Motor Racing: Coulthard tries to find way out of trap: Guy Hodgson reports from Silverstone on the problems in the Williams-Renault pit

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The Independent Online
THERE were dark mutterings in the Williams-Renault pit yesterday. Not with David Coulthard the team would hasten to add, the consensus being he has done a promising job in less than perfect circumstances, but for the 23-year-old Scot the whispers, inspired by team mishaps, might as well have been aimed at him.

The equation that faces him is simple. He has to build an image of indispensability pretty damn quick or he could be looking for a new car to drive next season. Unfortunately Sod was pretty damn quicker to apply his Law yesterday. Bad luck was overtaken by miscalculation and, as a result he could record only the sixth-fastest time in the first qualifying session for tomorrow's British Grand Prix.

Which was a lost opportunity for Coulthard, whose urgency to impress is heightened by Damon Hill being ahead of him in the pecking order and not diminished by the looming prospect of Nigel Mansell returning to Williams in his mirror. Three drivers into two cars will not go and yesterday might have pushed Coulthard nearer the ejector seat.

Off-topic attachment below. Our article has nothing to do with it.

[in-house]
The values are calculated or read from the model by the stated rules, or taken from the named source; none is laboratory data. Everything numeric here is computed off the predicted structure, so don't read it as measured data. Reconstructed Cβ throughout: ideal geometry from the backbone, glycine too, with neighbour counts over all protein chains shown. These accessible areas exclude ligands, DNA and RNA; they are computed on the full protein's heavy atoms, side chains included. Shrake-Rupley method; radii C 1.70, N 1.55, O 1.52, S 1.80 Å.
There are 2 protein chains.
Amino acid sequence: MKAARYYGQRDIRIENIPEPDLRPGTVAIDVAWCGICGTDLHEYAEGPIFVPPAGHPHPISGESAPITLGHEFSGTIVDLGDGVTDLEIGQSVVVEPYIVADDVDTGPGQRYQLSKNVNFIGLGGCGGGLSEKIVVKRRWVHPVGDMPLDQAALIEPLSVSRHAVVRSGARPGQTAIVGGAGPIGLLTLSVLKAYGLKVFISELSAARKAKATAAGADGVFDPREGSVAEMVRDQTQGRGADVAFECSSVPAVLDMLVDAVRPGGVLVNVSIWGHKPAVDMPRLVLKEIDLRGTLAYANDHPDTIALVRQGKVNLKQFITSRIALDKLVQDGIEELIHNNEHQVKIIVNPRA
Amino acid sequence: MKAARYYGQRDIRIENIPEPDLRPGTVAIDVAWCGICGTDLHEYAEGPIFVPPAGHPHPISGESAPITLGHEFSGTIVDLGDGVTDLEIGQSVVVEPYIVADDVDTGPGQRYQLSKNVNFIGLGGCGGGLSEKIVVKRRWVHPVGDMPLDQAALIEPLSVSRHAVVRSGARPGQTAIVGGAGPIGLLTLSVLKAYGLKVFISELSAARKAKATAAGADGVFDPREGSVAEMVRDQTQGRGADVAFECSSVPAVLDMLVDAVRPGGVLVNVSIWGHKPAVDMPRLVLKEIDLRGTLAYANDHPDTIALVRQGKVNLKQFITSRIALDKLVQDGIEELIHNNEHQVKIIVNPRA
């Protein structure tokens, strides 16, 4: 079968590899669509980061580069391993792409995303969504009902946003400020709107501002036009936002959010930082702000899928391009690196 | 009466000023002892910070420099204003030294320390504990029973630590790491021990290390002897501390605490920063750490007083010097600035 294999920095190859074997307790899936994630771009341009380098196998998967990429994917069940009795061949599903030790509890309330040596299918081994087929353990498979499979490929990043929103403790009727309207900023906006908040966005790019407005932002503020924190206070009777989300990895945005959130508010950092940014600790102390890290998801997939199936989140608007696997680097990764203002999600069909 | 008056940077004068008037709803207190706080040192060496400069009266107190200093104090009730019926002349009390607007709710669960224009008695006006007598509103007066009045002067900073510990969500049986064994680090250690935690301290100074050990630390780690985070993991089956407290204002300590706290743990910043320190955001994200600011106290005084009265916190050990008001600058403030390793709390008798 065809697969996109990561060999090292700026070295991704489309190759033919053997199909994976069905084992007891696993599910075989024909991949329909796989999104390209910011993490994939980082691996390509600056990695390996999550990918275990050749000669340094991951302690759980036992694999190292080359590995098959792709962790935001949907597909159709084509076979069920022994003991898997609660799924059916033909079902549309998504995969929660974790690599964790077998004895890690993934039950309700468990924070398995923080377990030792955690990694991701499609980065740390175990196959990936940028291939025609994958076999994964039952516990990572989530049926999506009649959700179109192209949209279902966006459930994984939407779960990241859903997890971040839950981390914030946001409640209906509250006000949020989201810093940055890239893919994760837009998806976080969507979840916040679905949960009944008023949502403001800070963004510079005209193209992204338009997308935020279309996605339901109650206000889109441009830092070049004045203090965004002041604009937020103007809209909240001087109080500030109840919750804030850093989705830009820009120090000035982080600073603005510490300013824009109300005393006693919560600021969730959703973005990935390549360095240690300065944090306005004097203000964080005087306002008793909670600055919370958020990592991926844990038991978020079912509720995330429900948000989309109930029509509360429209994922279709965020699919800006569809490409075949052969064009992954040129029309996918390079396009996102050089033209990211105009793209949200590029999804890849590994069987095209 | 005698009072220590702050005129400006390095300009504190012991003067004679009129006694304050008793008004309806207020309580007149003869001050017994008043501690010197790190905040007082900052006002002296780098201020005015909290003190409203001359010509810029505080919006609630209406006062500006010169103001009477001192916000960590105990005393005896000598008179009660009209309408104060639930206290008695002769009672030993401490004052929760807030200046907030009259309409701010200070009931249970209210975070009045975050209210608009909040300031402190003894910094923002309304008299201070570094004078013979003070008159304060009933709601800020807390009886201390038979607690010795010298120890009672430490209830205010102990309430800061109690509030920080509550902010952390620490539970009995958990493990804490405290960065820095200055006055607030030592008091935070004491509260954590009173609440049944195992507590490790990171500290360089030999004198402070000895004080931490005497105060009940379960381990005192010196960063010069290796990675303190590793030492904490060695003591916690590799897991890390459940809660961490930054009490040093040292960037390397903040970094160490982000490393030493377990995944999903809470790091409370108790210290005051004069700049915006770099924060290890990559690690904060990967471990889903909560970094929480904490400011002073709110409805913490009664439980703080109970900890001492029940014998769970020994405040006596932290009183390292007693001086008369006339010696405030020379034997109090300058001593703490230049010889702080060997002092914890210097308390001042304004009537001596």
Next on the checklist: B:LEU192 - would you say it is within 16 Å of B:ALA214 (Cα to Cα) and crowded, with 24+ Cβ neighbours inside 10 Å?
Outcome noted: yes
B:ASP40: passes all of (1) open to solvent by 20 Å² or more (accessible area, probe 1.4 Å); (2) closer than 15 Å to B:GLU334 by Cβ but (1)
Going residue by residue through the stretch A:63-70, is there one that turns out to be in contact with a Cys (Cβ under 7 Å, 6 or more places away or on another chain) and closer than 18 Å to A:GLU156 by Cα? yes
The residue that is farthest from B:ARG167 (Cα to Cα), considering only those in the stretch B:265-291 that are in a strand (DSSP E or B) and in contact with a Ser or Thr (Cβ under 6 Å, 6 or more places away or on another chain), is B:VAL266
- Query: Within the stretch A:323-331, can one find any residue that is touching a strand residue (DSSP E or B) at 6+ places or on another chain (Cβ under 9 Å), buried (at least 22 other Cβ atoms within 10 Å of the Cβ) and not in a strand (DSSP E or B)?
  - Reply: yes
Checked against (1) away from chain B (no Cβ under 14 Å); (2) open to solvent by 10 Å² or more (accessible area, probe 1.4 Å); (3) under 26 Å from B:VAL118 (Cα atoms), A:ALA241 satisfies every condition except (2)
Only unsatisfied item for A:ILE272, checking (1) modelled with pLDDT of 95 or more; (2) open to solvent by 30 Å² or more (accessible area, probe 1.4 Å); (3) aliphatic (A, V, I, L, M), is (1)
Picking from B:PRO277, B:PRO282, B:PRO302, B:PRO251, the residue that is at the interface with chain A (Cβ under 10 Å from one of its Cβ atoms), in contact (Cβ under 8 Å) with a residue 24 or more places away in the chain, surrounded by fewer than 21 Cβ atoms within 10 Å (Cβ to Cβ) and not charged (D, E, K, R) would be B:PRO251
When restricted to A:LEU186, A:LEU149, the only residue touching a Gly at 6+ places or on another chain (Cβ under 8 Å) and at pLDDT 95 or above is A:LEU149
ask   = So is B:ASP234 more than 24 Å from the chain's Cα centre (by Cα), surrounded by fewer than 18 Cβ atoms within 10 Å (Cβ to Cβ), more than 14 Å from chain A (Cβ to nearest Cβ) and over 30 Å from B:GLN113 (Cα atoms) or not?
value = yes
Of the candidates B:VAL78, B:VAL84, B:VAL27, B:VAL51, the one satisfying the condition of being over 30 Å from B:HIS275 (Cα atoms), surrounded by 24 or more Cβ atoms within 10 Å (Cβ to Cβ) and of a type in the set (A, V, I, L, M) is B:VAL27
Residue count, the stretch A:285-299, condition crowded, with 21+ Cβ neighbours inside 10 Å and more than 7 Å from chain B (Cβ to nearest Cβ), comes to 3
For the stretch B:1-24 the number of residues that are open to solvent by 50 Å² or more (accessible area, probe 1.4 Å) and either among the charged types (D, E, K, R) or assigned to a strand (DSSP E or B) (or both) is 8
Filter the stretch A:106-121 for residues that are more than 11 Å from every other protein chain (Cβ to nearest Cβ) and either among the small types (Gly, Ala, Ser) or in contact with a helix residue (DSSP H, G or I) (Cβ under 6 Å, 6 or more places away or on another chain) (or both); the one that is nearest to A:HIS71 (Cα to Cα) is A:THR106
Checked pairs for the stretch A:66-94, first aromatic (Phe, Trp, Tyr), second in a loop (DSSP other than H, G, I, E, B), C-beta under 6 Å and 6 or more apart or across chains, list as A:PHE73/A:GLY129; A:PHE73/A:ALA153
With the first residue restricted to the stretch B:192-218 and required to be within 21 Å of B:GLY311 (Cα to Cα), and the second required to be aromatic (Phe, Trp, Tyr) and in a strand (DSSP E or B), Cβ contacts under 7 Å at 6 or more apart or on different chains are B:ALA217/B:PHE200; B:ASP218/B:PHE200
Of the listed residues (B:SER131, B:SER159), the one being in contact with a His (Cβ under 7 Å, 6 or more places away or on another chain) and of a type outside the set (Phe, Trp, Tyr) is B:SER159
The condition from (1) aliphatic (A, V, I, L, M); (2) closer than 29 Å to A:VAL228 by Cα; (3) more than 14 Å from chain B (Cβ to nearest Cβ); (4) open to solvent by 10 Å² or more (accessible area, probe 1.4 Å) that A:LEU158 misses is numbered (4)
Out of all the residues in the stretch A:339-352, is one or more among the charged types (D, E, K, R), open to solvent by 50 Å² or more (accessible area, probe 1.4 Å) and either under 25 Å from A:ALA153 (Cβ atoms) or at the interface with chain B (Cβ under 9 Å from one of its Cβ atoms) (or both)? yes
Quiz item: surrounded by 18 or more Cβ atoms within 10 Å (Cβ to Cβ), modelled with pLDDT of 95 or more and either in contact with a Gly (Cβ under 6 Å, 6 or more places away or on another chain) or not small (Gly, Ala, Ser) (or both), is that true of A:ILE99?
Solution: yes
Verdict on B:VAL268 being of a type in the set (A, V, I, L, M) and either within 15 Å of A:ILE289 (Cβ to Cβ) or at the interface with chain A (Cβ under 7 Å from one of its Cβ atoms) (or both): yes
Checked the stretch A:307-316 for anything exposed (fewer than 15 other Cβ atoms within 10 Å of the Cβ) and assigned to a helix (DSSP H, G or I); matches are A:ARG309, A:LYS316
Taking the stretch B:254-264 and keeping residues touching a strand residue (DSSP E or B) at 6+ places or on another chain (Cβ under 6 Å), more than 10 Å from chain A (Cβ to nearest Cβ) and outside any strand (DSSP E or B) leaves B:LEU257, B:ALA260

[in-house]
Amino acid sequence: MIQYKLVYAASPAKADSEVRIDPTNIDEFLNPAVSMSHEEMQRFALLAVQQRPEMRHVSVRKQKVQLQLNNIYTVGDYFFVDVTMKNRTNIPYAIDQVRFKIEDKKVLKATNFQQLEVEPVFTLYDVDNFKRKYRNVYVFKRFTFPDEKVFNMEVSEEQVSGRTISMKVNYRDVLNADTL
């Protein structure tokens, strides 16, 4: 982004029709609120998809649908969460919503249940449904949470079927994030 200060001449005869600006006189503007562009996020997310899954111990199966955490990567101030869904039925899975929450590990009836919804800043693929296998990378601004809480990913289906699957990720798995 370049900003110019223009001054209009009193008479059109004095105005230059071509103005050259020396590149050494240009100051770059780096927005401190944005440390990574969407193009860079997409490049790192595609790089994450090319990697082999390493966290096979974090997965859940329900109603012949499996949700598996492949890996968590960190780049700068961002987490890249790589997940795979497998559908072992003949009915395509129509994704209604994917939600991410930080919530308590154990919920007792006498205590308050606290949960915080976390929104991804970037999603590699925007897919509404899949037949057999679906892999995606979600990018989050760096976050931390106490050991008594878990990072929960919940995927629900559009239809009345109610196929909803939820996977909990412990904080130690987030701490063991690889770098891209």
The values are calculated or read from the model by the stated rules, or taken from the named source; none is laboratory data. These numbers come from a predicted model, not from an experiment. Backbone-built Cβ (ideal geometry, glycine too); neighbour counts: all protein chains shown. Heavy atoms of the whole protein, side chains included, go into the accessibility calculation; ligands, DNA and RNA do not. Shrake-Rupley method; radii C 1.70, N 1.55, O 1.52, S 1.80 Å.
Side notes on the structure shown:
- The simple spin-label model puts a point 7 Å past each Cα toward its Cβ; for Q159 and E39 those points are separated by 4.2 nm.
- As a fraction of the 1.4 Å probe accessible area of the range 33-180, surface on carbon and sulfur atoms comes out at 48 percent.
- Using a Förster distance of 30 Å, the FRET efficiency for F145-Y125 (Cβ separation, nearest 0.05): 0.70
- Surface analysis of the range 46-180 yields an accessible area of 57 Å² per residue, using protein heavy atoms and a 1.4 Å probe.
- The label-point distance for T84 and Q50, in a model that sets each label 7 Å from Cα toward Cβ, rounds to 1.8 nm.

In the morning a wheel jammed and, as a result, he was not fully able to shake off race rustiness accumulated while Mansell competed in the French Grand Prix last Sunday.

In the afternoon, with the team also contemplating errors with the set-up of Hill's car, he spun off the track just when it appeared he might challenge Michael Schumacher's position at the top of the provisional grid. It was, to put it tactfully, a frustrating day.

'I'm very disappointed,' Coulthard said afterwards. 'I think I could have taken at least half a second off my time, maybe a second. I set my fastest time in my first lap and you always hold back a little bit then to leave a marker and ensure you qualify for the grid. I'd have gone quicker if I'd had the opportunity.'

Instead, when he tried to go for a flyer he ended up leaving the tell-tale marks on his car of an unplanned visit to the gravel trap. Taking Bridge Corner at around 180mph, his calculations were put awry by a series of bumps and he ended the qualifying session early by way of a spin.

'I closed my eyes and waited for the bump,' he said, 'but it never happened. It's a flat-out corner and you have to go for it but I lost control and suddenly I was going backwards. I thought 'this is probably going to be very sore'.'

Fortunately for him, the worst that happened was a high-speed whirl of his senses. Only his ambition had been hurt yesterday.

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